#Grab the training data

x = os.path(‘train’)

#Set the desired number of clusters

k = 5

#Run the KMeans algorithm

kmeans = KMeans(n_clusters=k).fit(x)

#Show the resulting labels



Any clustering algorithm will typically output all of your data points and the respective clusters to which they belong. It’s up to you to decide what they mean and exactly what the algorithm has found. As with much of data science, algorithms can only do so much: value is created when humans interface with outputs and create meaning.

Data Compression

Even with major advances over the past decade in computing power and storage costs, it still makes sense to keep your data sets as small and efficient as possible. That means only running algorithms on necessary data and not training on too much. Unsupervised learning can help with that through a process called dimensionality reduction.

Dimensionality reduction (dimensions = how many columns are in your dataset) relies on many of the same concepts as Information Theory: it assumes that a lot of data is redundant, and that you can represent most of the information in a data set with only a fraction of the actual content. In practice, this means combining parts of your data in unique ways to convey meaning. There are a couple of popular algorithms commonly used to reduce dimensionality:

  • Principal Component Analysis (PCA) – finds the linear combinations that communicate most of the variance in your data.
  • Singular-Value Decomposition (SVD) – factorizes your data into the product of 3 other, smaller matrices.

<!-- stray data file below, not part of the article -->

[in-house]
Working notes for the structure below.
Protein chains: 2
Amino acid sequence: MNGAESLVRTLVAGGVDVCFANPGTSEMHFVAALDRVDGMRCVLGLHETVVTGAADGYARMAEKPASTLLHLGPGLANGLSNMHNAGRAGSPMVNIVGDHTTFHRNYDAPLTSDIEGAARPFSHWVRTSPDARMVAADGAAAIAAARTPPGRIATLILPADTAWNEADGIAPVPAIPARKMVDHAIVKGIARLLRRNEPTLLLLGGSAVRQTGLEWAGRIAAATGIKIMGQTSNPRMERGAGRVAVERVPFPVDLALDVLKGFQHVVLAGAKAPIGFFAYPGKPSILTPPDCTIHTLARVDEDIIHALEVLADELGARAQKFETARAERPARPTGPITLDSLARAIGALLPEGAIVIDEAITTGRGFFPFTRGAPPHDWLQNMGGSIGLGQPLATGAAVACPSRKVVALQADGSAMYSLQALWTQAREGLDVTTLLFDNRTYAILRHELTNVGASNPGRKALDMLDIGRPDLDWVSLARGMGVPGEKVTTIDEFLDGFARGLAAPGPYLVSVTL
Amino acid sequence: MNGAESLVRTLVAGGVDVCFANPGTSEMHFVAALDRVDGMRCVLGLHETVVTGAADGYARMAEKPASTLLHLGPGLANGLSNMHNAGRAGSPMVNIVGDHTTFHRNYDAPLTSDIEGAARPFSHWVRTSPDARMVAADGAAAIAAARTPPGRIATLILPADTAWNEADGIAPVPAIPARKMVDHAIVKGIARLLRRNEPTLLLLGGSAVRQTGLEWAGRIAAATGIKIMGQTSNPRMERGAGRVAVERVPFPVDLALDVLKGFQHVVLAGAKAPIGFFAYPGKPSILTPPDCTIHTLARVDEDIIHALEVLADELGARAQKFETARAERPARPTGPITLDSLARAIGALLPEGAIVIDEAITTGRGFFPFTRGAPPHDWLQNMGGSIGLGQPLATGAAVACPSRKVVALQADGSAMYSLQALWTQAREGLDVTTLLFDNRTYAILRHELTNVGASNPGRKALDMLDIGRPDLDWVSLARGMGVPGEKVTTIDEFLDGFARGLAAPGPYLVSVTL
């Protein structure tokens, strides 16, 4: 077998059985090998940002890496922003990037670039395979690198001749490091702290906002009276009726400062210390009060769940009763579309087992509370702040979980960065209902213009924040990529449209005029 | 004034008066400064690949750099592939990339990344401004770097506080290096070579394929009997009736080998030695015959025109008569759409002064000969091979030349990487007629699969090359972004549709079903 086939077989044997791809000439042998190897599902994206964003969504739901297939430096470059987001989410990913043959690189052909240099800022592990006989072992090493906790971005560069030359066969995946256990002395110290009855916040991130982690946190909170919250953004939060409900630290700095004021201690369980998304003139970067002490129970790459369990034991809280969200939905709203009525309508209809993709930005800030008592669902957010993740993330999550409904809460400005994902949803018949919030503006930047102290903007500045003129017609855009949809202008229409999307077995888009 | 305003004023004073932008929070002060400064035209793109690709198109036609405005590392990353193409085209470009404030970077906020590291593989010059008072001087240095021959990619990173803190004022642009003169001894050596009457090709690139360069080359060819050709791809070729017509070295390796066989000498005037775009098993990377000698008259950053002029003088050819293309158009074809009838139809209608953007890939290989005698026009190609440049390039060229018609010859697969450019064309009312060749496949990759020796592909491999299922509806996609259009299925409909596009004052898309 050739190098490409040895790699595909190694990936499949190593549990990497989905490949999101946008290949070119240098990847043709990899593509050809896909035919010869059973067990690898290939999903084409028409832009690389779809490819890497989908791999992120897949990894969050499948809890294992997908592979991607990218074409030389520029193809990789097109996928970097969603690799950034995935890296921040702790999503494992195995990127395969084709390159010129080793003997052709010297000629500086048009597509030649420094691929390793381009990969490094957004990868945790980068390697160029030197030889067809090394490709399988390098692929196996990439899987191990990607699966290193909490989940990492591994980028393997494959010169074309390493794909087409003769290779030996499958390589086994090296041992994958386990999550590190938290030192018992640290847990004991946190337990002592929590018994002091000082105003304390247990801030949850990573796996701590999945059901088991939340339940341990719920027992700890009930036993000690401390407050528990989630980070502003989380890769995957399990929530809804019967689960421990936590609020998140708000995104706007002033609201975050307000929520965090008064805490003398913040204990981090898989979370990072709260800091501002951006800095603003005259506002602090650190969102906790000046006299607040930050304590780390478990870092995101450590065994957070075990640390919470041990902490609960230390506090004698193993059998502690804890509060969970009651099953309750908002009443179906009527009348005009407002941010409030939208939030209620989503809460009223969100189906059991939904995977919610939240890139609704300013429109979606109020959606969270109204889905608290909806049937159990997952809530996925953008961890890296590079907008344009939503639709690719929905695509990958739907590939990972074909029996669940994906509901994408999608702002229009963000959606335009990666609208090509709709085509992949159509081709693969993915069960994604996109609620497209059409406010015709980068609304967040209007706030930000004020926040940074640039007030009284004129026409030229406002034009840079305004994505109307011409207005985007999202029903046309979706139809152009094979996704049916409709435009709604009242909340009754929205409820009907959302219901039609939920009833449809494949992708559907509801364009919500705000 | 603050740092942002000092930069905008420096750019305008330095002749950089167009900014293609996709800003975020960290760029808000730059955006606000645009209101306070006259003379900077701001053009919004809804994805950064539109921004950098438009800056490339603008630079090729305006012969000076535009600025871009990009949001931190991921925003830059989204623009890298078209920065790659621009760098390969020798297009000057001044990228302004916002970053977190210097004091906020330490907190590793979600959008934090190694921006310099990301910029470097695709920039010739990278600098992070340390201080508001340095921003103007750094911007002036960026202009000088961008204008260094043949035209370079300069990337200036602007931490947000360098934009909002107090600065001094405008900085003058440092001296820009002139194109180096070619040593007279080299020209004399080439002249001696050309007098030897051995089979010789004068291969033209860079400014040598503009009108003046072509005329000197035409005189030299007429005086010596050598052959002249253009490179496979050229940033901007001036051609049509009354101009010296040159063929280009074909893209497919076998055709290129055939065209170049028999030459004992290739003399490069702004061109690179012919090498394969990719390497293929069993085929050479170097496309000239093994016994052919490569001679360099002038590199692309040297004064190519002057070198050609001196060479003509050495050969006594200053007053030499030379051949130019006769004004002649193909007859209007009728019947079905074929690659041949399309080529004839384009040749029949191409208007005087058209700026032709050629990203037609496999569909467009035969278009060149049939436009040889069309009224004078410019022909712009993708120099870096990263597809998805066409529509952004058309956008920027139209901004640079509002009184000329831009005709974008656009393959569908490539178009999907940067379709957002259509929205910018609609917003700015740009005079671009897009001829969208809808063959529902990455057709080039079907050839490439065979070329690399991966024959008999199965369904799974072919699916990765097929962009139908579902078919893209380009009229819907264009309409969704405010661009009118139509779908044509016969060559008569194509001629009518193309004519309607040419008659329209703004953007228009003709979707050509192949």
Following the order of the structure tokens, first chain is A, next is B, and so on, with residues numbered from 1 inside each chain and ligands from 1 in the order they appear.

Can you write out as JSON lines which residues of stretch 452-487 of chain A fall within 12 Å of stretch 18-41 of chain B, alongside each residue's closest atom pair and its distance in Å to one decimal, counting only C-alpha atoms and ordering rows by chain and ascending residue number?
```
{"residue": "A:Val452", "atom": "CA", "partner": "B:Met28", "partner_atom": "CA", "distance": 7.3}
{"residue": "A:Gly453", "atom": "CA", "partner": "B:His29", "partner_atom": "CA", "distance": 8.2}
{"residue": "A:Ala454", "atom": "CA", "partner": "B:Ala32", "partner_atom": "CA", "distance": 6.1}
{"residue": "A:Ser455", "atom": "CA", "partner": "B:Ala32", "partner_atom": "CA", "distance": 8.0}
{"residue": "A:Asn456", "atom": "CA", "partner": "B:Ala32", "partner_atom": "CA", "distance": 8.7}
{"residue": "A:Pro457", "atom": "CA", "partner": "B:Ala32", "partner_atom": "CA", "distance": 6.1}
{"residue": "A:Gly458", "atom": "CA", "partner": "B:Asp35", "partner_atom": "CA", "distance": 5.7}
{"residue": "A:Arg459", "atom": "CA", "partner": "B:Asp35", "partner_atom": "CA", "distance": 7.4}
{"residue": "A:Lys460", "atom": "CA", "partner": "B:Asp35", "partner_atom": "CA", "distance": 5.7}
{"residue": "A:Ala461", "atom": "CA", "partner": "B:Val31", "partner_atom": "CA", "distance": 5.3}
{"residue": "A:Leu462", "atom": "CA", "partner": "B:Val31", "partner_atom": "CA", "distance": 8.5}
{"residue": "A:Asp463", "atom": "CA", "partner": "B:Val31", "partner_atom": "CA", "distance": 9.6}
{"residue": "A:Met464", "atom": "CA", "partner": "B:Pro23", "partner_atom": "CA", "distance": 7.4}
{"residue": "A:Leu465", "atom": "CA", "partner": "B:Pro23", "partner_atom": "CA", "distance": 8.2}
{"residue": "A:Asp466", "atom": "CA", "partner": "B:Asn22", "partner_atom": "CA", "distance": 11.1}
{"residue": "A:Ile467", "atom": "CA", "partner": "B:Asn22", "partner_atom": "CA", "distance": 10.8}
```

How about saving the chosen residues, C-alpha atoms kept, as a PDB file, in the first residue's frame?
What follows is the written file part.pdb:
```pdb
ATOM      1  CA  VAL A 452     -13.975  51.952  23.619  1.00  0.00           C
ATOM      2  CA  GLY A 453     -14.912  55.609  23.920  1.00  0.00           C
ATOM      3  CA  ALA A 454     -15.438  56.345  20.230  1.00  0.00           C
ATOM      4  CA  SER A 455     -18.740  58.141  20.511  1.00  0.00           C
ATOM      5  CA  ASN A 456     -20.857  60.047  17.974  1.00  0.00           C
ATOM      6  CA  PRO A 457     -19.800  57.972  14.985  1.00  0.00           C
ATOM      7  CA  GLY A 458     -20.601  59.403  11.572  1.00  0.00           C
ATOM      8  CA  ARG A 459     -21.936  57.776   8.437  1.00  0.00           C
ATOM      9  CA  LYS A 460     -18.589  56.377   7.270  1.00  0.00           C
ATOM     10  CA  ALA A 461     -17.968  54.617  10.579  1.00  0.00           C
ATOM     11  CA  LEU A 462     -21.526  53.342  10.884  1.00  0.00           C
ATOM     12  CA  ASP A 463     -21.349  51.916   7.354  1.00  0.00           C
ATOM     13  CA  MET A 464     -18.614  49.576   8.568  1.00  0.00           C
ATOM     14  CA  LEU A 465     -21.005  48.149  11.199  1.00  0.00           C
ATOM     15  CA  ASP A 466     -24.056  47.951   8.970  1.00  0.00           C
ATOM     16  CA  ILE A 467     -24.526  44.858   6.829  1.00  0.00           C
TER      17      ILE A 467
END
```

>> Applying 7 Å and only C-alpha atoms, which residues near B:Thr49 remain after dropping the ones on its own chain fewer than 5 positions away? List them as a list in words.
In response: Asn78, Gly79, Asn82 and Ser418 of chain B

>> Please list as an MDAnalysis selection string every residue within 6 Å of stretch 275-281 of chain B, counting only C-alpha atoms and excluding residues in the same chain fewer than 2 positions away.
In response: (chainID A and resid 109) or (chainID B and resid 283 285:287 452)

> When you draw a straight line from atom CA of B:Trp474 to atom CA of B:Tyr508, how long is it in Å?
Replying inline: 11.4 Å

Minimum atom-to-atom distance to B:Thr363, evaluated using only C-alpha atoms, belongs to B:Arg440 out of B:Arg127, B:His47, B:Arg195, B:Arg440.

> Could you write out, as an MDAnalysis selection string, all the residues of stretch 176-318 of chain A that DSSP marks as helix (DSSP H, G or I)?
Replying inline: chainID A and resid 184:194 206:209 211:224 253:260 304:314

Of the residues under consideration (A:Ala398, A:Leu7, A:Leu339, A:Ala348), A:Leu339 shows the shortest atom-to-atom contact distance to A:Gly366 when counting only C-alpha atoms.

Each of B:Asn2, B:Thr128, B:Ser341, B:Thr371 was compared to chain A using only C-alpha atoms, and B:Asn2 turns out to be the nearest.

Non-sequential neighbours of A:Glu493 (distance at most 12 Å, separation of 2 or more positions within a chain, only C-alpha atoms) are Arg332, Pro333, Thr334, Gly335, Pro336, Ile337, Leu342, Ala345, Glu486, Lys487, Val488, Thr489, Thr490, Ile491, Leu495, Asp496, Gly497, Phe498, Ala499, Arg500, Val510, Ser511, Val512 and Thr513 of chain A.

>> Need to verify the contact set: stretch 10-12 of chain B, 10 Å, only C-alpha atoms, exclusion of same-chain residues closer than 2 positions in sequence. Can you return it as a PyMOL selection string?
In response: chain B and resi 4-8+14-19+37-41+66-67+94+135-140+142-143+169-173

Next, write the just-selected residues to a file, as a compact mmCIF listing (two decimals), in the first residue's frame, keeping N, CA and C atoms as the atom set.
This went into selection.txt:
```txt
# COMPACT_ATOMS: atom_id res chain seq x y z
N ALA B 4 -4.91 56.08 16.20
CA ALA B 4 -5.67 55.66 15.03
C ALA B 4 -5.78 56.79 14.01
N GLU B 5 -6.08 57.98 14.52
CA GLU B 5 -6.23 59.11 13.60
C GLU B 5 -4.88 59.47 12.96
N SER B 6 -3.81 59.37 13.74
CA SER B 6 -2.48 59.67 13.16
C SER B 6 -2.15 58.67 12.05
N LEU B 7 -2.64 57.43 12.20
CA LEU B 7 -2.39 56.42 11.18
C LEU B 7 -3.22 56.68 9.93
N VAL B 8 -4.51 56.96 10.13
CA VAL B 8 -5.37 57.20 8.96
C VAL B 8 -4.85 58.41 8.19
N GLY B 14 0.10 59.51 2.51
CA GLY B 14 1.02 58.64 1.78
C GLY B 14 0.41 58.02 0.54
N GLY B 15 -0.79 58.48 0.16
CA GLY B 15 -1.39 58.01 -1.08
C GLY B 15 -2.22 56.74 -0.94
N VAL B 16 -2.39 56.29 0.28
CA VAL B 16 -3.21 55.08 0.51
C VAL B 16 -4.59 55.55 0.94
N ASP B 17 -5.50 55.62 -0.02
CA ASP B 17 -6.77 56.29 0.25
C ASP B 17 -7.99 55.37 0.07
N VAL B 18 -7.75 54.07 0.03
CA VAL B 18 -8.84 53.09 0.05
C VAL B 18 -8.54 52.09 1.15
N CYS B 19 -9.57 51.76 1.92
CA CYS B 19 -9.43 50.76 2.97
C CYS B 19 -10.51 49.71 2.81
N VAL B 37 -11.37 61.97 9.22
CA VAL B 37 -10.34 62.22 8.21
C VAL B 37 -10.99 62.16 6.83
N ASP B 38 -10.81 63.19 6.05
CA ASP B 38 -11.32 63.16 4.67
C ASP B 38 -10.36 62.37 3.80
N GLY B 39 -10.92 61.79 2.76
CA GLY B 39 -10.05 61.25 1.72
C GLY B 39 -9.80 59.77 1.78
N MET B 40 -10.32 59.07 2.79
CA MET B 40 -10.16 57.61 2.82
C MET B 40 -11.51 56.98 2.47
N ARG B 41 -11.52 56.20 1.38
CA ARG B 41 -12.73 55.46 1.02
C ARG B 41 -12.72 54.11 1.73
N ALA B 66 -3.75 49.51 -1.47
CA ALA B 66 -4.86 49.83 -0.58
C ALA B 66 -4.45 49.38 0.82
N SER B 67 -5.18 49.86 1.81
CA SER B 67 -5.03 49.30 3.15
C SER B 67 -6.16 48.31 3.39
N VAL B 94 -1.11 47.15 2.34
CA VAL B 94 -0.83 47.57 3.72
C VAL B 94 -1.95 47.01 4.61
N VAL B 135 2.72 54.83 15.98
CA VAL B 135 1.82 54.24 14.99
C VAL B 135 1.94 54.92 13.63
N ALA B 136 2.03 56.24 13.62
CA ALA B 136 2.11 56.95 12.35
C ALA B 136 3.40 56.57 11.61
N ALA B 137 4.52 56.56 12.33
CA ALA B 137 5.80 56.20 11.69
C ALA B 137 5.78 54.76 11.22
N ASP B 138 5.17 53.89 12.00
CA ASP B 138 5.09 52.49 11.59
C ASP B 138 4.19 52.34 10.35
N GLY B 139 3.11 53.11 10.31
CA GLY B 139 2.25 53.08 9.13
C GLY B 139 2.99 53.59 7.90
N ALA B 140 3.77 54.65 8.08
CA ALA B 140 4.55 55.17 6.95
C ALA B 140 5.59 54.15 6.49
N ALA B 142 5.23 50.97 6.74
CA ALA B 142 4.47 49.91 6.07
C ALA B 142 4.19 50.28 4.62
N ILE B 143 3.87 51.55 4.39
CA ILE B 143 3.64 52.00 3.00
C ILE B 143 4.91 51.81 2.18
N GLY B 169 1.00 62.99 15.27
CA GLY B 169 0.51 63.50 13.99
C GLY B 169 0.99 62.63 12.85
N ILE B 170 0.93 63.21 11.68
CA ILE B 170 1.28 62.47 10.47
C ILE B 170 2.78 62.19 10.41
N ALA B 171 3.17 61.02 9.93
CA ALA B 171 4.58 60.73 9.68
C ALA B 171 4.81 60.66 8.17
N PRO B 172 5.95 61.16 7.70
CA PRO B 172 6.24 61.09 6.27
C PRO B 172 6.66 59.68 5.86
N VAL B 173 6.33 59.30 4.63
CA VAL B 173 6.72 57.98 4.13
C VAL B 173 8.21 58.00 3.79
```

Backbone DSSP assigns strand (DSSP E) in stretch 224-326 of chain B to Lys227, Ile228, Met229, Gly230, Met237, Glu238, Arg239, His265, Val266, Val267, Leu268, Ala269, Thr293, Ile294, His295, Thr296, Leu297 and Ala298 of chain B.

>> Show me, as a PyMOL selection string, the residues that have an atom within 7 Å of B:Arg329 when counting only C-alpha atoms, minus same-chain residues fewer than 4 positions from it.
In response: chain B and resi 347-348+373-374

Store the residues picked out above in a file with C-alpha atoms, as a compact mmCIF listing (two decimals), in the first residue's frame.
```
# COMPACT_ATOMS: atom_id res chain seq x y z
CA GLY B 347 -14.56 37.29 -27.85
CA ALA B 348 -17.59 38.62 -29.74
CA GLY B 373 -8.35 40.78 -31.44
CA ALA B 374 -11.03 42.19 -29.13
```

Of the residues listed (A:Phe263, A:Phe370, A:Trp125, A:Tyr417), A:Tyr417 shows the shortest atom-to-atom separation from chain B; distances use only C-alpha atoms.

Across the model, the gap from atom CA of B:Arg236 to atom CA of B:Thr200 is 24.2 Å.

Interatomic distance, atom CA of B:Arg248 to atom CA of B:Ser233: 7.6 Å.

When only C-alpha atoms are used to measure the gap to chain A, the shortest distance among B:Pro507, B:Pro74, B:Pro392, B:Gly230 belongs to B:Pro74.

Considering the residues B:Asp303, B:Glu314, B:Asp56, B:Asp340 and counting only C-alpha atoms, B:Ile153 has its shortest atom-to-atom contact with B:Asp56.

These methods as well as some of their more complex cousins all rely on concepts from Linear Algebra to break down a matrix into more digestible and informatory pieces.

Reducing the dimensionality of your data can be an important part of a good Machine Learning pipeline. Take the example of an image––centerpiece for the burgeoning field of Computer Vision. We outlined here how big a dataset of images can be and why. If you could reduce the size of your training set by an order of magnitude, that will significantly lower your compute and storage costs while making your models run that much faster. That’s why PCA or SVD are often run on images during preprocessing in mature Machine Learning pipelines.

Unsupervised Deep Learning

Unsurprisingly, unsupervised learning has also been extended to Neural Nets and Deep Learning. This area is still nascent, but one popular application of Deep Learning in an unsupervised fashion is called an Autoencoder.

Autoencoders follow the same philosophy as the data compression algorithms above––using a smaller subset of features to represent our original data. Like a Neural Net, an Autoencoder uses weights to try and mold the input values into a desired output; but the clever twist here is that the output is the same thing as the input! In other words, the Autoencoder tries to figure out how to best represent our input data as itself, using a smaller amount of data than the original.

Source: Stanford

Autoencoders have proven useful in computer vision applications like object recognition, and are being researched and extended to domains like audio and speech.

Challenges With Implementing Unsupervised Learning

In addition to the regular issues of finding the right algorithms and hardware, unsupervised learning presents a unique challenge: it’s difficult to figure out if you’re getting the job done or not.